Next time I’ll have to run the wool through the cards twice. Once to clean it up and get it untangled from the locks it came in, and once to jumble up bits from rolag to rolag so that I get a more uniform finished yarn color! Even with the color variation, I am really looking forward to taking these with me to my spinning study group meeting for February! I’m in awe of the idea that only a month ago these beautiful, light and lacy fingerless mitts were just a large handful of filthy wool from a sheep named Poppy. It’s magical.


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Spinning Study Group

Posted under Spinning No Comments

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On the second Thursday of each month, I’m lucky enough to get to join a spinning study group at Table Rock Llamas. The ladies in the group are wonderful and I’ve learned so much just being around them. Almost every month, we have a dedicated thing to work on learning. Two months ago, we had a workshop taught by a study group member on how to spin coil or beehive yarn. Here’s my beehive yarn from November being modeled by my older dog, Sketcher.

In December we just goofed off and held a gift exchange. I ended up with something I had no idea I needed so badly, a yarn bowl! I’ve been using it non-stop since I got it and I’m considering getting one made from the same local artisan for holding two separate balls so I can use it for fair isle work, particularly as I’m planning at least two stranded projects for my county and state fair entries this year. If you haven’t tried a yarn bowl, you need to!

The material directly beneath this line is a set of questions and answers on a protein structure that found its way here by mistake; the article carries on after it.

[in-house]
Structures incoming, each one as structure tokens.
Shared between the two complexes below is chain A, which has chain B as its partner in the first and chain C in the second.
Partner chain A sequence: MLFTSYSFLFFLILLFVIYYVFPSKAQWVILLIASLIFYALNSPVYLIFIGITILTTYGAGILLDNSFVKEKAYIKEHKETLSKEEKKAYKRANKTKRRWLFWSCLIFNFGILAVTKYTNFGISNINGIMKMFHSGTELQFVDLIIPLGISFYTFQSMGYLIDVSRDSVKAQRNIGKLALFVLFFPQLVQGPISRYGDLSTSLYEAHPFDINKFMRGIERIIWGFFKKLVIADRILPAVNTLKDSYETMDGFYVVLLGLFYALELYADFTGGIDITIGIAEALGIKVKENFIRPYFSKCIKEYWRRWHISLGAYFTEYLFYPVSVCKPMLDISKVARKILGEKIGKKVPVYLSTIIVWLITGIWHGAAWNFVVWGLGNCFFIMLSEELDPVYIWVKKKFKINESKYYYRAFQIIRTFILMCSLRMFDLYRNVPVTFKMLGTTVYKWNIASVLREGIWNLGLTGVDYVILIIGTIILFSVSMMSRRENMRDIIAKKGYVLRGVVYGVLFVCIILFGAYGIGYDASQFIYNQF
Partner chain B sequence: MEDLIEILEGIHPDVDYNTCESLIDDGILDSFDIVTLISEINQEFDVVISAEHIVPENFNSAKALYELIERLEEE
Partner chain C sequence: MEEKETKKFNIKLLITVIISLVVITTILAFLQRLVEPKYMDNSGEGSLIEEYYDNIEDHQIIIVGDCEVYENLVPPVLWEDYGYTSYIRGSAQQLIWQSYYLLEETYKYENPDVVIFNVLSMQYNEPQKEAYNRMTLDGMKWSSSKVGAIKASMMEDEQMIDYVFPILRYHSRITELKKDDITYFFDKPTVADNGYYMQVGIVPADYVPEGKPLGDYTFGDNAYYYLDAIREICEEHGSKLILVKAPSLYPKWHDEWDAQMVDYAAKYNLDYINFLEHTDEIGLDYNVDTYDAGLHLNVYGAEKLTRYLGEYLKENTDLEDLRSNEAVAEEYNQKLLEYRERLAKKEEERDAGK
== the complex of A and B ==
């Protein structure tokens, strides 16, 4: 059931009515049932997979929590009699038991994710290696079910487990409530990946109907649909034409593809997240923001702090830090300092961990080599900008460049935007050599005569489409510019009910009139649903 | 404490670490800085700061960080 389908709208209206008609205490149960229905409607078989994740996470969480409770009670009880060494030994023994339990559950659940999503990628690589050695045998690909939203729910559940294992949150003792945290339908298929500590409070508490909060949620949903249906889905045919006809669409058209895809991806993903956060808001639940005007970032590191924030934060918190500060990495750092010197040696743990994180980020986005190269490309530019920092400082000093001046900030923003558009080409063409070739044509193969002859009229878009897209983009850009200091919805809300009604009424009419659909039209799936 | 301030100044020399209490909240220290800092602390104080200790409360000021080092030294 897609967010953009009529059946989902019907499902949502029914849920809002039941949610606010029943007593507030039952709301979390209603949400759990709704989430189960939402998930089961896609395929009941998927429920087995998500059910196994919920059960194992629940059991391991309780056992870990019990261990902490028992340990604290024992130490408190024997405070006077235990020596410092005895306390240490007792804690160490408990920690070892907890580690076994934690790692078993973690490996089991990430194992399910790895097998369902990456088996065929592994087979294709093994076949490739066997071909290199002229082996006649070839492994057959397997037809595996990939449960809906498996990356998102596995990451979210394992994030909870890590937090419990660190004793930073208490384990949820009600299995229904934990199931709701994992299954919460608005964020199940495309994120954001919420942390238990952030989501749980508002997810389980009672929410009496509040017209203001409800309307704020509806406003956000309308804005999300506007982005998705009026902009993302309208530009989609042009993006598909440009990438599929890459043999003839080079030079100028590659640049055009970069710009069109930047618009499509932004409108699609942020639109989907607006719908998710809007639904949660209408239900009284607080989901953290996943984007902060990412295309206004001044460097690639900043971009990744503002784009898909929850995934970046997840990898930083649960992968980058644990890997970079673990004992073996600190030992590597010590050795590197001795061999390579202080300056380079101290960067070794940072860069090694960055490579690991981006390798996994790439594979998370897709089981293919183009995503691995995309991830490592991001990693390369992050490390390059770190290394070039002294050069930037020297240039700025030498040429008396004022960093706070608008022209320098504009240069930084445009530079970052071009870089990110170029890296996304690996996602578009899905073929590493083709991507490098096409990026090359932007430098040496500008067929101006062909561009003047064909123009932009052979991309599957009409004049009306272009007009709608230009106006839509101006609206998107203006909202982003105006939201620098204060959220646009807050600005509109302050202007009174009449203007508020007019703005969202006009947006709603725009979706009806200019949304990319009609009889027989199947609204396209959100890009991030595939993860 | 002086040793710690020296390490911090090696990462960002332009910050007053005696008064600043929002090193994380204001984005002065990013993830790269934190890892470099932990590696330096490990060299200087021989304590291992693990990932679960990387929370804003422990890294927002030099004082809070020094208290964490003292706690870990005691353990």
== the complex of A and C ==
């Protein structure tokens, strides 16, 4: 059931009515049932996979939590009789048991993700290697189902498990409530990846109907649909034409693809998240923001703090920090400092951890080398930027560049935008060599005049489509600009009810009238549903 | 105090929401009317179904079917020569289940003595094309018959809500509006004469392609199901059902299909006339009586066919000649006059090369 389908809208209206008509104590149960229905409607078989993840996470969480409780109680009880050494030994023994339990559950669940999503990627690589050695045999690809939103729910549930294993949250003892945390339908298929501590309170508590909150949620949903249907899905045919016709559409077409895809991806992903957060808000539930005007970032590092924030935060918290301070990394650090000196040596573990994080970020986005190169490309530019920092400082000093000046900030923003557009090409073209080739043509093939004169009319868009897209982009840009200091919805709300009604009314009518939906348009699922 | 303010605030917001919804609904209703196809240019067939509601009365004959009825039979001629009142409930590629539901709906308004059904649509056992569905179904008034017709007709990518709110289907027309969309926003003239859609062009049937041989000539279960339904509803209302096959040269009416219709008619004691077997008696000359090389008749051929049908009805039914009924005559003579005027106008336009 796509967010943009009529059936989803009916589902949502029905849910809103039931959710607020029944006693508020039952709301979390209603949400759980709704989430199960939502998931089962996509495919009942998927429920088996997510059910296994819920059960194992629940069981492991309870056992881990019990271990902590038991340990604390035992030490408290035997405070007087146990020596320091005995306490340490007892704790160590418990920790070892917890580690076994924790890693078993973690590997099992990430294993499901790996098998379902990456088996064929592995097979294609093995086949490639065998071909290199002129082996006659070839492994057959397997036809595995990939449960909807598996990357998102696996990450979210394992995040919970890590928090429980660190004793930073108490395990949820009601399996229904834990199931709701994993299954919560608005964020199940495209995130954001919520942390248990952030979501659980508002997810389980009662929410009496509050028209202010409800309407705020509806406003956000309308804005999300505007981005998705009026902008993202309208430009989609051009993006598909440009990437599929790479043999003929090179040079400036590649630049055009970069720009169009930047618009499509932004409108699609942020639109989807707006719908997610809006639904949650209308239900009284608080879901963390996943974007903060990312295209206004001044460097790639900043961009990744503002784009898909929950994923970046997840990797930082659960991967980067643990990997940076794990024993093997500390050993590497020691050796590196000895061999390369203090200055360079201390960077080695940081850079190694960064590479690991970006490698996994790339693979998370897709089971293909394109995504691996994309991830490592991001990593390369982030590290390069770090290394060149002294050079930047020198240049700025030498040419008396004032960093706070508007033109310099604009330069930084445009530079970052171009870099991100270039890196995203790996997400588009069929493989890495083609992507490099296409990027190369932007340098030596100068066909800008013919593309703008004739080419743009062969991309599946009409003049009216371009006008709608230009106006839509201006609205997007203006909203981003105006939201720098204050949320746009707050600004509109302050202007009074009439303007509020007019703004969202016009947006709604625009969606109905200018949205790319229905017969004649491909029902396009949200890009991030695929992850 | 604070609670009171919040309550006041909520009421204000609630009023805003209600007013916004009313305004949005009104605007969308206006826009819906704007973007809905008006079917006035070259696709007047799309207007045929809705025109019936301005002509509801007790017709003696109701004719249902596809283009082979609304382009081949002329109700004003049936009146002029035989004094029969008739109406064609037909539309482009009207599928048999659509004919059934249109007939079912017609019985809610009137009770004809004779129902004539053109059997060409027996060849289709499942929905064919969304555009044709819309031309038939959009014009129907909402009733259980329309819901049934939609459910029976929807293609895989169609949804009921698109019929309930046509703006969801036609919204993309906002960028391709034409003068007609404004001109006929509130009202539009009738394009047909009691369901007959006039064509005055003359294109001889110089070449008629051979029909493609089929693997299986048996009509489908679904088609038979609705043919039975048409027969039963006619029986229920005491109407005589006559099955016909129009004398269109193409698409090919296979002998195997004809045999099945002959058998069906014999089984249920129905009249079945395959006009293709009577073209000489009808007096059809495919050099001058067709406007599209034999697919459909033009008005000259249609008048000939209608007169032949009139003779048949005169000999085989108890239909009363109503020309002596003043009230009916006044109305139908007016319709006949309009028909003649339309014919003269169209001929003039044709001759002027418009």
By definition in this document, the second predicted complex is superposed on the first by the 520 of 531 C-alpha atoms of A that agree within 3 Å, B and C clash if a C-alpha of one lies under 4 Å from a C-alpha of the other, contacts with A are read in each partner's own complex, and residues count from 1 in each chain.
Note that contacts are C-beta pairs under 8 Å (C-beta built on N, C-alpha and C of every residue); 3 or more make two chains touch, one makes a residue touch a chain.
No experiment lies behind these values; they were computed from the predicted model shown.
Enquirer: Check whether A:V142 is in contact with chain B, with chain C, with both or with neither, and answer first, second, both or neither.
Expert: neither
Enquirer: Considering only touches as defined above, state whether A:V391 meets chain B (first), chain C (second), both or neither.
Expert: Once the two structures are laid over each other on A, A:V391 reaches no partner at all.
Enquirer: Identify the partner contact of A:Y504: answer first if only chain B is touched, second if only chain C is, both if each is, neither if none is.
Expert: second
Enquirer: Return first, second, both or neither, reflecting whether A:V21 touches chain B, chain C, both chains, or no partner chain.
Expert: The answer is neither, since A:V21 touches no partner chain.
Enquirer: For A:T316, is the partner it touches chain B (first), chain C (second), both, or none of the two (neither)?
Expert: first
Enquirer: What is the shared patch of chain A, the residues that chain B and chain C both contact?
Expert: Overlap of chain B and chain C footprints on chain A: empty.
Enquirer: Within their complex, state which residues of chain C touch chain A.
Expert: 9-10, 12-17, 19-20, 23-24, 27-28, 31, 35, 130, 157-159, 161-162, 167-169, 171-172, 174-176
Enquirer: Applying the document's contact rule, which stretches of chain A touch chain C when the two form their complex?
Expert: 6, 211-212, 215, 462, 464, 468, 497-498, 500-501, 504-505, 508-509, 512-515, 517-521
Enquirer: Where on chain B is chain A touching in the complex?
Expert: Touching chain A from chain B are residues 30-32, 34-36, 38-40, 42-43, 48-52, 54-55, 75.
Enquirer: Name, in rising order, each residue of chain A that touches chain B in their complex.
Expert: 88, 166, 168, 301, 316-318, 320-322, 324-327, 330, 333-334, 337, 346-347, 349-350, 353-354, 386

As for this month? We did a study of Blue Faced Leicester wool. Blue Faced Leicester is pronounced “blue faced lester,” and commonly referred to as just BFL. BFL is a fantastic fleece for the handspinner. It’s got a magnificent crimp and shines almost as though it contains silk. BFL is known for it’s luster. BFL is considered a longwool and the narrow locks range from 3-6 inches on average. The wool I’m spinning today has some variance but lends itself toward the long end of the spectrum. While the wool is rather soft and could be worn against the skin, I’ve gotten a bit spoiled with affordable Merino wool top and if I’m going to really splurge like I had to on the BFL, I’d rather just save a bit longer and snap up a bag of cashmere or higher micron count Merino than I usually buy.